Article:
Royal Shakespeare Theatre, Stratford upon Avon
Written by Phil Porter
Directed by Erica Whyman
|The soldiers of The Christmas Truce
The poignancy of Christmas 2014, marking the centenary of that famous truce in the First World War, a conflict in which soldiers on both sides believed that they’d be “home by Christmas” has a compelling resonance. Whilst a leading supermarket chain has already themed its seasonal TV ad campaign around the event, it was some 18 months ago in Stratford that the RSC engaged Phil Porter to write a truthful, even if not entirely accurate story, intended to reflect both the tragedy and the humanity of the “war to end all wars” that defined the Christmas truce.
There is much beauty in Porter’s writing. The Christmas Truce opens to a typically English summer mise en scene, before the war’s outbreak. A village cricket match, complete with Vicar’s tea-time speech is played (the first of many sporting allegories that run through the play) before the action seamlessly segues into the mists and murk of the conflict in northern France. Porter’s research is impressive and reflecting the local roots of the RSC his tale focuses upon a platoon of troops from the Royal Warwickshire Regiment and the battles, along with the truce, that they waged with their Saxon enemy.
Much of the show’s stagecraft is beautifully simple. The Royal Shakespeare Theatre is a world class auditorium and whilst the simplicity of denuded trees and upturned benches and barricades successfully evokes the trenches, the technology that enables mists to rise from the floor, or a fog to roll down from the backstage are moving enhancements to the production’s physical charm.
As a family show the gruesome details of conflict have had to have been airbrushed out. It is therefore a tribute not only to Porter's writing, but also to designer Tom Piper, creator of the recently acclaimed commemorative poppies display at the Tower of London, Blood Swept Lands and Seas of Red, that both the gallows-humour camaraderie, along with the horrors of war “in theatre,” are so effectively played out, in theatre.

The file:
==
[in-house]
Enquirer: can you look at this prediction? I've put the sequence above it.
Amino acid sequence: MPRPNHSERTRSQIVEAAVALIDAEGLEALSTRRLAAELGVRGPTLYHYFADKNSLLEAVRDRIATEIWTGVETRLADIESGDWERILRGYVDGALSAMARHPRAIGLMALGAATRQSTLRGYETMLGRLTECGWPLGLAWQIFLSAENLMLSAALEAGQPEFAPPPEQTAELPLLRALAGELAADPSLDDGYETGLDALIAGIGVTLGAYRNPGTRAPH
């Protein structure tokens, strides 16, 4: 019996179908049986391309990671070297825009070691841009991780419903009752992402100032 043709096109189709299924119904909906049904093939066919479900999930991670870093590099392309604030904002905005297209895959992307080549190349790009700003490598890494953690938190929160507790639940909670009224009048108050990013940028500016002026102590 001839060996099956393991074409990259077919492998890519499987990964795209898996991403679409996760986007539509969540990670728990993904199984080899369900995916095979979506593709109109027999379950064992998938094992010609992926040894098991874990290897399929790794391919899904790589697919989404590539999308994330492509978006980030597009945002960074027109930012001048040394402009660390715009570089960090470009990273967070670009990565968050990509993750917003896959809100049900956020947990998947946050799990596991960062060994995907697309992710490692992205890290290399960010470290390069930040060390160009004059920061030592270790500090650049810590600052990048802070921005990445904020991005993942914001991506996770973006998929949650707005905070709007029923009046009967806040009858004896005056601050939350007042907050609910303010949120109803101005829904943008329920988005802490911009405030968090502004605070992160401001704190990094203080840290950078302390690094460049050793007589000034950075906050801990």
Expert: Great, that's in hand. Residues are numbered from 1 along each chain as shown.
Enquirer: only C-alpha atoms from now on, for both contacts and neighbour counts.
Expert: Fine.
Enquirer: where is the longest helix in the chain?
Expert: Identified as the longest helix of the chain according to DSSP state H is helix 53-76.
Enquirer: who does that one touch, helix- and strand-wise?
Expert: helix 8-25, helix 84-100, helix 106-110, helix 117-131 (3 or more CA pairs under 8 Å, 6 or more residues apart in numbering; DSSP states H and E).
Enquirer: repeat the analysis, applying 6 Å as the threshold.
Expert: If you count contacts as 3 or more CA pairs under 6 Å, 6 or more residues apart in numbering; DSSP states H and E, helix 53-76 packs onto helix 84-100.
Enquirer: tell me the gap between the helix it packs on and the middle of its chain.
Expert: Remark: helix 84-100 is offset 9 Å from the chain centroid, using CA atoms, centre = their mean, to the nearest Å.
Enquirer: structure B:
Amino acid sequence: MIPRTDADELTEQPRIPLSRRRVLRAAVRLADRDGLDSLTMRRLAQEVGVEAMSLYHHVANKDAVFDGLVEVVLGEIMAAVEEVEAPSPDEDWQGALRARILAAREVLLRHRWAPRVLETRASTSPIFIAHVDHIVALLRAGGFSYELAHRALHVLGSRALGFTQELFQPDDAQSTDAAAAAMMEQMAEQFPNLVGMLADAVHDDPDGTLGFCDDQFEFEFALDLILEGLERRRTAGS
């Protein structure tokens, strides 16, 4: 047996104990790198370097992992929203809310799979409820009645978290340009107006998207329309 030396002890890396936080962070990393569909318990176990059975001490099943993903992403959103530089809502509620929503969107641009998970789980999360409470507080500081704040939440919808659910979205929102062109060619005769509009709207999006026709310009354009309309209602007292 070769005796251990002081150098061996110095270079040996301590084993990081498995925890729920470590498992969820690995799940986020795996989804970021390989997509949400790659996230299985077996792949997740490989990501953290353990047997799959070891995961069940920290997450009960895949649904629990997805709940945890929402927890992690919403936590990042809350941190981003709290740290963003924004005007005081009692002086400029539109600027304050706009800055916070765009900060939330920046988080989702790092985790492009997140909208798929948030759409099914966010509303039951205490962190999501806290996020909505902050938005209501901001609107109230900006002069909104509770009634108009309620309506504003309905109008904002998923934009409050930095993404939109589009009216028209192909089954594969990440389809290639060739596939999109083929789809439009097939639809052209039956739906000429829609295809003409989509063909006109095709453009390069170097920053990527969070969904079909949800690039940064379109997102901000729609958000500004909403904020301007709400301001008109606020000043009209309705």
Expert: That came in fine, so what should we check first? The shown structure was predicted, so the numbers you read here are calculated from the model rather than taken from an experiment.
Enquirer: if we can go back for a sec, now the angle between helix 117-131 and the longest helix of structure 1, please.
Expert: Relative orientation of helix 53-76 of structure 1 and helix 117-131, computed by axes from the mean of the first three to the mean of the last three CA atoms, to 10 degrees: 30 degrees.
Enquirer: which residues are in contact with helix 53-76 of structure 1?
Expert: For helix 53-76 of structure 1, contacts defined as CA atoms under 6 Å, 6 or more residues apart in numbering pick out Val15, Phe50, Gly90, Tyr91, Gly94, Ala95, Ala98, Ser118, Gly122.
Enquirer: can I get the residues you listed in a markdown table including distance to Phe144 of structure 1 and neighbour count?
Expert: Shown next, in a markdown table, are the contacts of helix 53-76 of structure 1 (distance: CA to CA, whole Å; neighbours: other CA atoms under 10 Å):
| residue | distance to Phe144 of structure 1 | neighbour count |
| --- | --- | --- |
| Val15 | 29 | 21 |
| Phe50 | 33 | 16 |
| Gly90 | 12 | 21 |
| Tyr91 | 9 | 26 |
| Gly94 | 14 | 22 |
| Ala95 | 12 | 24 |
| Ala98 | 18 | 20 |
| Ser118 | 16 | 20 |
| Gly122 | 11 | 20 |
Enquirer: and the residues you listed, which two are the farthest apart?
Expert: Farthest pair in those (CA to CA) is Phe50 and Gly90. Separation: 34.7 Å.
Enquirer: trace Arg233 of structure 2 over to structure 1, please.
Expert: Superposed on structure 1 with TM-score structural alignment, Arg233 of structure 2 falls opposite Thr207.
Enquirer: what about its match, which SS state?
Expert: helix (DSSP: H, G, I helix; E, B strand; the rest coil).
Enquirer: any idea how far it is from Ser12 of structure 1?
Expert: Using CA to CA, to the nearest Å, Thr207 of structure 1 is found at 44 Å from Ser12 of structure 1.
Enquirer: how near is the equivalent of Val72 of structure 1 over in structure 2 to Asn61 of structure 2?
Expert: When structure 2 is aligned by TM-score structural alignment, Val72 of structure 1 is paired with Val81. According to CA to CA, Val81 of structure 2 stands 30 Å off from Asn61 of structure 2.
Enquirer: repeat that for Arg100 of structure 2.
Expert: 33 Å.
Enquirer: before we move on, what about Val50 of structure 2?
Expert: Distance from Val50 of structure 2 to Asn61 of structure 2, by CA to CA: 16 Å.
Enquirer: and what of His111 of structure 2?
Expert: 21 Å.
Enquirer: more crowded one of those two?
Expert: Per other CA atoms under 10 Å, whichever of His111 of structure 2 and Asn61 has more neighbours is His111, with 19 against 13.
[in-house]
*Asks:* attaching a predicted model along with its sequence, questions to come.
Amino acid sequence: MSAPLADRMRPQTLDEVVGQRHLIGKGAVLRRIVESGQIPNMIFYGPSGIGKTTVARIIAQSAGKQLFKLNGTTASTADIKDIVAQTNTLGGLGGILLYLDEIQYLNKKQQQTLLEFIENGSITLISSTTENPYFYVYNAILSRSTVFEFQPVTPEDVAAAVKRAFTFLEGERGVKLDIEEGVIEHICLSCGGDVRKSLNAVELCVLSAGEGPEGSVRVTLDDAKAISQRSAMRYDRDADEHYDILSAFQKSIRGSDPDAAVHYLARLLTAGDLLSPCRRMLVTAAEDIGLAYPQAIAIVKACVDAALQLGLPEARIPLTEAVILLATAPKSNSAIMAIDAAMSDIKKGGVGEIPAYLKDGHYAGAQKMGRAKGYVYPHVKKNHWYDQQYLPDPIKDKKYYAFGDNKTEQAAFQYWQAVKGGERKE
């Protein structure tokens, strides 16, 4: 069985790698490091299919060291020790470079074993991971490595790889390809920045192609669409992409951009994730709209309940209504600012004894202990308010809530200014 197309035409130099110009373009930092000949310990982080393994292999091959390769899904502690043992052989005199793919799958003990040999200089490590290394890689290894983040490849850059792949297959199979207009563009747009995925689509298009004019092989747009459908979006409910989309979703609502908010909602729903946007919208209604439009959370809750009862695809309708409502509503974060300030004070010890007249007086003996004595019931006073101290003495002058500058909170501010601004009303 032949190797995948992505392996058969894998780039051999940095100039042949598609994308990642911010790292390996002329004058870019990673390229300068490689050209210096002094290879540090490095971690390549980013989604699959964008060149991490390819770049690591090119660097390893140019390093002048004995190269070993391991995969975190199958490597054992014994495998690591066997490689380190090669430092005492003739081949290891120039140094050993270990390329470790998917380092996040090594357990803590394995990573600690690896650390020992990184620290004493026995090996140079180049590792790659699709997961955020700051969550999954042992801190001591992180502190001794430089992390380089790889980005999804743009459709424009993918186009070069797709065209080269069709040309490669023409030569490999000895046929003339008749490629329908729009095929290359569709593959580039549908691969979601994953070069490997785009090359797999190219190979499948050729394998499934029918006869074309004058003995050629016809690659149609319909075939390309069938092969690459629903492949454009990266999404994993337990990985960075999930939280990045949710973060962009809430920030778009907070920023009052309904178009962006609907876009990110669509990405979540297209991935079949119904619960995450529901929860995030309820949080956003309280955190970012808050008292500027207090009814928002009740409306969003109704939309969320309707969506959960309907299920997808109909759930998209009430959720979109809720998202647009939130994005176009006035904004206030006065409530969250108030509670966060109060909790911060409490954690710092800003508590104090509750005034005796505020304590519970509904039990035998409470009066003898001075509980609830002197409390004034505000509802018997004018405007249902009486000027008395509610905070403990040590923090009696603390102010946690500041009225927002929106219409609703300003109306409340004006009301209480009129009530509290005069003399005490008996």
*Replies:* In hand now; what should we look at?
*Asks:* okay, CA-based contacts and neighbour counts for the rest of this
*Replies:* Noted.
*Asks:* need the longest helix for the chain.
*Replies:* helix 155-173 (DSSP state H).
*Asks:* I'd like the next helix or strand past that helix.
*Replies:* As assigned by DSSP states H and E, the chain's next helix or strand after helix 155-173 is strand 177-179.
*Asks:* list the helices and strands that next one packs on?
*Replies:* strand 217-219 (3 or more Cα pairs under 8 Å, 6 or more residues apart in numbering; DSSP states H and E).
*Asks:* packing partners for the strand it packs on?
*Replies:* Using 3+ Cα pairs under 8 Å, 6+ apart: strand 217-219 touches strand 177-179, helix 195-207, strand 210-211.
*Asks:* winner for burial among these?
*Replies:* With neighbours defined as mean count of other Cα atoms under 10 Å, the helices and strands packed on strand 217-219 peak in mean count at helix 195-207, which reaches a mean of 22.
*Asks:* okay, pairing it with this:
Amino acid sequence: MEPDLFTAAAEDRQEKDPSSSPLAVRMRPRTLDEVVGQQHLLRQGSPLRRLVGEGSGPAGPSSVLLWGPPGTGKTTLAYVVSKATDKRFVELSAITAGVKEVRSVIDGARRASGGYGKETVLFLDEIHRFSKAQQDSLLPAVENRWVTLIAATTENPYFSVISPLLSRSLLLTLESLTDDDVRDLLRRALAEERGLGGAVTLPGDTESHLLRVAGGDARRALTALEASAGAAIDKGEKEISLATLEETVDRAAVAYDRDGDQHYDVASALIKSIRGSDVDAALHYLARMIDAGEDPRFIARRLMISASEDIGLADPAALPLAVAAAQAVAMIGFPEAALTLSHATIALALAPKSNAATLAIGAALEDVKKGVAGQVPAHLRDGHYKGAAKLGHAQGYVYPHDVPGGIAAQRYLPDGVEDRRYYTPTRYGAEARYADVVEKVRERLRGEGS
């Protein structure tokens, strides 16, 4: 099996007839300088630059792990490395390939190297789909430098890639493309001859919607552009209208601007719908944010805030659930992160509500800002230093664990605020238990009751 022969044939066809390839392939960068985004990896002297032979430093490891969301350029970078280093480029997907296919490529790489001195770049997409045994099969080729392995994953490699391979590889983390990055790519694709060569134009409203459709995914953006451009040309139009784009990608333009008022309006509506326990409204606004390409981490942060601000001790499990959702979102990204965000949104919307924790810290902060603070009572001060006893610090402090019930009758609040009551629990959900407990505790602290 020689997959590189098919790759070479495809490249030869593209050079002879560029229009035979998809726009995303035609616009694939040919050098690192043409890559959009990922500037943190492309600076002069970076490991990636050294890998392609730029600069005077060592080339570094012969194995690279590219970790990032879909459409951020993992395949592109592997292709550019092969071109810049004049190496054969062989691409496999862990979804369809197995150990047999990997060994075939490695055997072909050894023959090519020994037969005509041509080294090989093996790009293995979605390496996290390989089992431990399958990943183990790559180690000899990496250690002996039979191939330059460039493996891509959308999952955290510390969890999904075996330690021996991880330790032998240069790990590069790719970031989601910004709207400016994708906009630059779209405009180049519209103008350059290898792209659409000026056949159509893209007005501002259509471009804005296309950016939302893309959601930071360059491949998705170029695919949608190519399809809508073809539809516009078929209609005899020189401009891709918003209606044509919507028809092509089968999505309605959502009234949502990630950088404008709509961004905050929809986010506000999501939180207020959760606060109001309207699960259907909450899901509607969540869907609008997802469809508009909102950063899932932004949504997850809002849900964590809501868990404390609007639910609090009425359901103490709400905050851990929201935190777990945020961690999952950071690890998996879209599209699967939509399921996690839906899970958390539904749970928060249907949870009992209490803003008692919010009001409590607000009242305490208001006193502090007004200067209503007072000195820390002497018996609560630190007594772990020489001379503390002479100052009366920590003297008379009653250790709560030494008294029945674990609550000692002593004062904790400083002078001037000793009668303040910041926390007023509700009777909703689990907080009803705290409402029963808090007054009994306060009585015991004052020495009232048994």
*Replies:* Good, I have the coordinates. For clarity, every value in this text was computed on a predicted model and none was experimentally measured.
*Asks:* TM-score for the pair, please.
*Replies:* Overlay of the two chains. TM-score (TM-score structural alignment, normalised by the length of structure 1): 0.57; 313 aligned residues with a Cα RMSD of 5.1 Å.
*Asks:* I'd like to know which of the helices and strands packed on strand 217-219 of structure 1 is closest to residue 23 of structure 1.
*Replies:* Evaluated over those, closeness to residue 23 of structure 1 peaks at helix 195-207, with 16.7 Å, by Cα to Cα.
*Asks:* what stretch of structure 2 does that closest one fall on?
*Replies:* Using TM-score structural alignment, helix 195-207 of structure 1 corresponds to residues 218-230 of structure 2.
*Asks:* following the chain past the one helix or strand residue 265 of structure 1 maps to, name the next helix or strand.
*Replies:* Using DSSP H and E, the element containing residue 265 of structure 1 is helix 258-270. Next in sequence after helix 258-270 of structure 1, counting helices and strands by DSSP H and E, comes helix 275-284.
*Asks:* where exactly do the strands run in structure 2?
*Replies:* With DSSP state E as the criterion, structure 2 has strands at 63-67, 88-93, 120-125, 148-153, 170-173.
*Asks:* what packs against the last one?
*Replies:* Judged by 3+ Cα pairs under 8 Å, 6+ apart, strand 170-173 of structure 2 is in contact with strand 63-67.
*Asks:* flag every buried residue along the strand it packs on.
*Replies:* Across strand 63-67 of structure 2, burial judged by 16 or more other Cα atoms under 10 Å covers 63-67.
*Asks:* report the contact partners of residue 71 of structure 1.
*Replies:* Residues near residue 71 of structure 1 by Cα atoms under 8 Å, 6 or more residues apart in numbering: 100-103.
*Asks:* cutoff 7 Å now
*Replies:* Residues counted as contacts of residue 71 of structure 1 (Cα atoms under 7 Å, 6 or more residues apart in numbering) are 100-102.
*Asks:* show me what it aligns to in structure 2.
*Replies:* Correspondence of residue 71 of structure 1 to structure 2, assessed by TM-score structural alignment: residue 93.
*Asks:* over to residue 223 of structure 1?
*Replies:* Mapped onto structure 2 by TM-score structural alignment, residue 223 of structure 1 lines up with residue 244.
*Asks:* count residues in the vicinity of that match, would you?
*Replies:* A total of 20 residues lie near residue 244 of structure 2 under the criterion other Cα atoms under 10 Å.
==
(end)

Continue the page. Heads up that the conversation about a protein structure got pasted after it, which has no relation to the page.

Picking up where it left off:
There are plenty of crashes and bangs to depict the battles that the men fight, but there is also much focus upon the work of the Queen Alexandra’s nursing service (the QAs), founded in 1902 upon principles established by Florence Nightingale. The role of the QAs in the show provide a platform on which to tell of the lesser known contribution made by women during this terrible conflict, whilst the actual historic details of the Christmas truce reveal that not only were of course the eponymous football match(es) played (complete with a gag about Germans and penalties), but also, movingly, that much of the Christmas Day was spent by troops of both sides recovering the bodies of their fallen from no mans land for dignified burial.
In a solid cast throughout, Gerald Horan’s Old Bill, a leathery tommy who has seen it all brings a credible gravitas to the inter-national meeting between the trenches, whilst Leah Whitaker’s Matron conveys caring dignity and discipline that at last lays to rest the clichéd Matron that (our beloved) Hattie Jacques imprinted upon a nation. If there is but one flaw in Porter’s story it is the likening of a (fictional) truce between committed nurse Phoebe (elegantly played by Frances McNamee), a firebrand of female emancipation and the hardened Matron with whom she crosses swords and the actual truce that occurred at the Front. The two do not compare.
With an authentic musical accompaniment from an on-stage octet, Erica Whyman directs assuredly and it is a credit to both her and the entire company that in particular, the bleakness of no mans land is so effectively portrayed mainly via the performance skills of her actors.
There is much to be learned from this seasonal offering. Aside from the history, the play’s closing scene contrasts the blessed sanctity of the Christmas spirit (irrespective of one’s individual faith) with the infernal inhumanity of conflict. The Christmas Truce is woven around an underlying sense of decency and compassion of man towards his fellow man. If only that same spirit prevailed in so much of the global strife we witness around us today.
Runs until 31st January 2015
During a special Christmas Eve performance, the show's band will include the Wilfred Owen Violin amongst their instuments, which has been made from sycamore wood taken from a tree within the grounds of Edinburgh's Craiglockhart hospital. Owen, one of the most respected poets of the First World War, was a patient at Craiglockhart when he was recovering from shell-shock (PTSD)